The United States, which commented on the Gezi Park protests a total 17 times on four different television stations, initiated a surprise meeting yesterday between the U.S. Ambassador to Turkey and Prime Minister Erdoğans Chief Advisor Yalçın Akdoğan.
- President Gül: The Gezi Park project is on hold, the protests should stop
The messages have been received, stated President Gül, who also called for an end to the street demonstrations. The president also delivered a message to Alevi citizens who are objecting to the name given to the Third Bosporus Bridge by stating, We could name another big project after Pir Sultan Abdal.
- Finance Minister Şimşek: It is difficult to comprehend why British intelligence would monitor a minister
Finance Minister Şimşek commented on allegations reported in The Guardian that he was monitored by U.K. intelligence, by stating that Foreign Ministry officials are taking the necessary measures.
- There is no censorship in Turkeys democracy
While England is rattled by the censorship scandal in the national press, AK Party Spokesman and Deputy Chairman Hüseyin Çelik has announced that there will be no censorship on social media or classic media as Turkey, which now has a mature democracy, has left such issues long in the past.
- Criminal complaint against Hüseyin Aygün
AK Party Istanbul Deputy Bülent Turan has filed a criminal complaint with the Ankara Chief Public Prosecutor against CHP Tunceli Deputy Hüseyin Aygün for insults in the virtual realm and for inspiring public hatred, enmity and degradation.
- Who is it that incites social crises in growing economic nations such as Mexico, Brazil and Turkey?
The innocent protest which began at the start of the month in Brazil, as it did as well in Turkey, has since transitioned into a point of interest for its dark demonstrations. Both nations, as they suffer from simultaneous protests, stand out for having bright and promising economies.
- We have learned lessons from these events and will prevent any disintegration
Prime Minister Erdoğan stated on Tuesday that the Gezi protests are part of a professionally organized operation and vowed to hold those behind the events accountable by law. The Prime Minister also said that the police in Turkey have passed the test of democracy.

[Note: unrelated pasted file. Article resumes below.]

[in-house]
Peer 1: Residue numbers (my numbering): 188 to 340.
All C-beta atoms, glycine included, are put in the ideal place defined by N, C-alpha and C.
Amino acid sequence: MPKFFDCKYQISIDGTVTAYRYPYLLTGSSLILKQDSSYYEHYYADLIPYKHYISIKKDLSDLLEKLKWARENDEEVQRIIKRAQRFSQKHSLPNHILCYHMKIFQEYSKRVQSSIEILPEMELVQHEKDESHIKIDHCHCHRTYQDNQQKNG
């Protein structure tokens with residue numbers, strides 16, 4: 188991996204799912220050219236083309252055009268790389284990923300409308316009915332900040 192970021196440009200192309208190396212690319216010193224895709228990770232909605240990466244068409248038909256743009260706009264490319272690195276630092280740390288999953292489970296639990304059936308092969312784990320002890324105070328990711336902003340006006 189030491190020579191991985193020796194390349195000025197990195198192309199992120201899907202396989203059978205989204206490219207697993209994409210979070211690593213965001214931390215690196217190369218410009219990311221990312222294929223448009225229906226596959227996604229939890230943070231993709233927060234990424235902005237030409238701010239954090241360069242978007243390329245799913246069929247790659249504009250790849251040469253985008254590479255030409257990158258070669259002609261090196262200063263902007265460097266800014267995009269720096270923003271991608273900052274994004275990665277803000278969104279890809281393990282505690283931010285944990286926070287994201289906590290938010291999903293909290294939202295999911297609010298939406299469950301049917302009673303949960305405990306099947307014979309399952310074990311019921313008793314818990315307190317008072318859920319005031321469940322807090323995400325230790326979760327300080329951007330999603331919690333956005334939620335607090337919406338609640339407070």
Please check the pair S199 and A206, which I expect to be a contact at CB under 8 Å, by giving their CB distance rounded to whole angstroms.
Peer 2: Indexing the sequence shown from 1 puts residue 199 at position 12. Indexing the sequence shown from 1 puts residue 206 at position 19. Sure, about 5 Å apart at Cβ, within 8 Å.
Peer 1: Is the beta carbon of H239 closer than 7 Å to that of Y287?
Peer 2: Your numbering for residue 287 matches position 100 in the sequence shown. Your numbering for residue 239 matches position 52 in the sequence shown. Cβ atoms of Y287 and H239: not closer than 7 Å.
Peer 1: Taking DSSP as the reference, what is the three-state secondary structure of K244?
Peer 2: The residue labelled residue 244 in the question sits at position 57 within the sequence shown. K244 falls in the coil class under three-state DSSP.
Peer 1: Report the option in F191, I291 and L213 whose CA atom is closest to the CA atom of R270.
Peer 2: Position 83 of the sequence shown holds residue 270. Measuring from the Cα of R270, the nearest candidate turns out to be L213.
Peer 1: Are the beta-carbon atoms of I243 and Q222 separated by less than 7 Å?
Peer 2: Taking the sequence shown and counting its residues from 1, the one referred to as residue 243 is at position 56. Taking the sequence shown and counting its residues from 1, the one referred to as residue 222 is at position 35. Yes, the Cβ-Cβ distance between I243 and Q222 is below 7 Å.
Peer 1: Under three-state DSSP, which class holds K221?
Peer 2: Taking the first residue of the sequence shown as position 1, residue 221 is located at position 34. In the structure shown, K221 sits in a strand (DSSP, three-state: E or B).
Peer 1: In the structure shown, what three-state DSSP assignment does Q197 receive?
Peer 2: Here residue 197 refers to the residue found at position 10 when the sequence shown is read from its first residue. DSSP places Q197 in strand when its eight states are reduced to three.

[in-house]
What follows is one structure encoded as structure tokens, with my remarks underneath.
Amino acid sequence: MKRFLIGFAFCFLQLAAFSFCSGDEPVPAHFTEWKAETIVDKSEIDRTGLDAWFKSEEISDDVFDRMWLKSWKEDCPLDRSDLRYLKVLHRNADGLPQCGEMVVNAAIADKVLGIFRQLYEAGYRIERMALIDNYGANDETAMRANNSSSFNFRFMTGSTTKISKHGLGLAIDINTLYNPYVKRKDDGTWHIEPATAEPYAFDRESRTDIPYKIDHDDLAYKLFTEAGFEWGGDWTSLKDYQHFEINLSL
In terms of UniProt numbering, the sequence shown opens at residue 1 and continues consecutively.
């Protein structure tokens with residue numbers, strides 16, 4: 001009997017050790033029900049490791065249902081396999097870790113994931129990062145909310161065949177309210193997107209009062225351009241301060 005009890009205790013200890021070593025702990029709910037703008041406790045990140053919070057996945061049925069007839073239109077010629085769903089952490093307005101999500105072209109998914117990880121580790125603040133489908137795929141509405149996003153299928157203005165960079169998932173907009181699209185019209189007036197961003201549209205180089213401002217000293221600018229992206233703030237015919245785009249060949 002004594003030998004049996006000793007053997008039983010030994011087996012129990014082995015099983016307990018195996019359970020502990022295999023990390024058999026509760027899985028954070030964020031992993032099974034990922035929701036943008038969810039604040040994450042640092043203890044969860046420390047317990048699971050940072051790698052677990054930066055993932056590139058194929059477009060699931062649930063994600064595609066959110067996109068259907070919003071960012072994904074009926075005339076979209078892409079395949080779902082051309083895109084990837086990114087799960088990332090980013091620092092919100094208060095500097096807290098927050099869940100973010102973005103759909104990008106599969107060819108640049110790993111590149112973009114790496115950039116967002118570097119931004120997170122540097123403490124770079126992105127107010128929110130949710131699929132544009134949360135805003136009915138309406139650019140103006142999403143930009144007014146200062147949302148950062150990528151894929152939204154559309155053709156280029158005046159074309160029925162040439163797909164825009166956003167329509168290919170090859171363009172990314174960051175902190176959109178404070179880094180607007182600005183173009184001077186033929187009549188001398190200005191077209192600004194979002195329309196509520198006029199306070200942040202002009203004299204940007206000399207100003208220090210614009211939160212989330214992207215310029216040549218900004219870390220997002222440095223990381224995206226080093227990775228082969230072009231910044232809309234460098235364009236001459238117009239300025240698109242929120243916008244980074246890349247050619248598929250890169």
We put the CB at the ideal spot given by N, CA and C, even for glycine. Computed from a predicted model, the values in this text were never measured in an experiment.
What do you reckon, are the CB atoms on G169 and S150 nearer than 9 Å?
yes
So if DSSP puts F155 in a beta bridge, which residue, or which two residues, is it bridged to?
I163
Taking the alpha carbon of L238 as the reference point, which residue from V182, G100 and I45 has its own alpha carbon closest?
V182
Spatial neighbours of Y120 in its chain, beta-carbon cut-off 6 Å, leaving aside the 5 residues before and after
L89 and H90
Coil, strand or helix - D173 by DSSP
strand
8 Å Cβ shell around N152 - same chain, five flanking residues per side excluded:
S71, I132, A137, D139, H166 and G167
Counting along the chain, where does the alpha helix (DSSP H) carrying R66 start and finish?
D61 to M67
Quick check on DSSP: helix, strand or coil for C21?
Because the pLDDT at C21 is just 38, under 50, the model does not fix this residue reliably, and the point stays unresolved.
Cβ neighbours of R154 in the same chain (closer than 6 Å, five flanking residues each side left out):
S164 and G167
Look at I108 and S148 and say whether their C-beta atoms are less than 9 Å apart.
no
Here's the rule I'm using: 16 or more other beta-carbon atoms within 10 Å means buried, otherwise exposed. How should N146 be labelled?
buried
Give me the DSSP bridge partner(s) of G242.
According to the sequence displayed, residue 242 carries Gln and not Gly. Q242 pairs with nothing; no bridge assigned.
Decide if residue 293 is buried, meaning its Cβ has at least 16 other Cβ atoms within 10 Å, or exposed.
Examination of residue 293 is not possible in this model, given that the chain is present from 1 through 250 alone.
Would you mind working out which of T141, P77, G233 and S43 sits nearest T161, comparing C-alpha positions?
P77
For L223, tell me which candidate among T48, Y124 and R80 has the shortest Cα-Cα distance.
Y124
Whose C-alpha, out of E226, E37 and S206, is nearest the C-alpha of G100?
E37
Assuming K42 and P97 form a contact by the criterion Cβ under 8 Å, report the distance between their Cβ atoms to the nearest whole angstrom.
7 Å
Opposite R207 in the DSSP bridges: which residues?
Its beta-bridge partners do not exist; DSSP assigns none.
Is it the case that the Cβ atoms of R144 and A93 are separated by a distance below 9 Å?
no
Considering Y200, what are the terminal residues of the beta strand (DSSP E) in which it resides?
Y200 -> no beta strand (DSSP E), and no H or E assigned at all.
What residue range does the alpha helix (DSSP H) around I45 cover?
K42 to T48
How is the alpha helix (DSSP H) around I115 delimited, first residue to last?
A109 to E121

- Our democracy was not harmed in these attacks
Responding to the European Parliament resolution condemning the police crackdown on protests sparked by redevelopment plans for Gezi Park, Prime Minister Erdoğan stated They are confused. They have no fidelity, and added that European politicians and institutions instantly laid down their masks in order to provoke events.
- Standing man!
One mans passive defiance by way of standing in place in Taksim Square and looking straight at the Atatürk Culture Center, quickly turned into a social media phenomenon last night.
- What is Claudia Roth doing in Taksim?
Infuriating Germans, Green Party Co-Chair Roth was subjected to pepper spray in Istanbul. Commenting on the incident, German nationals say, It turns out Erdoğan was right in saying that there are foreign forces triggering Taksim, and Roths presence is now proof. Other comments include, If Abdullah Gül showed up at Occupy Frankfurt of if Erdoğan was involved in the Stuttgart 21 demonstrations, the ground would shake!
- In just one day Taksim gets 20 trees and 152,000 flowers
The Istanbul Metropolitan Municipality has been working continuously since last night on clearing and landscaping Taksim Square and Gezi Park.
- EU Minister Bağiş: Every crisis has made Erdoğan stronger
Explaining that the Gezi Park protests were planned six months ago, EU Minister Bağış states, These protests are an attempt to trigger a move which will end in regime change in Turkey. Bağış also discussed Prime Minister Erdoğans style with the Wall Street Journal.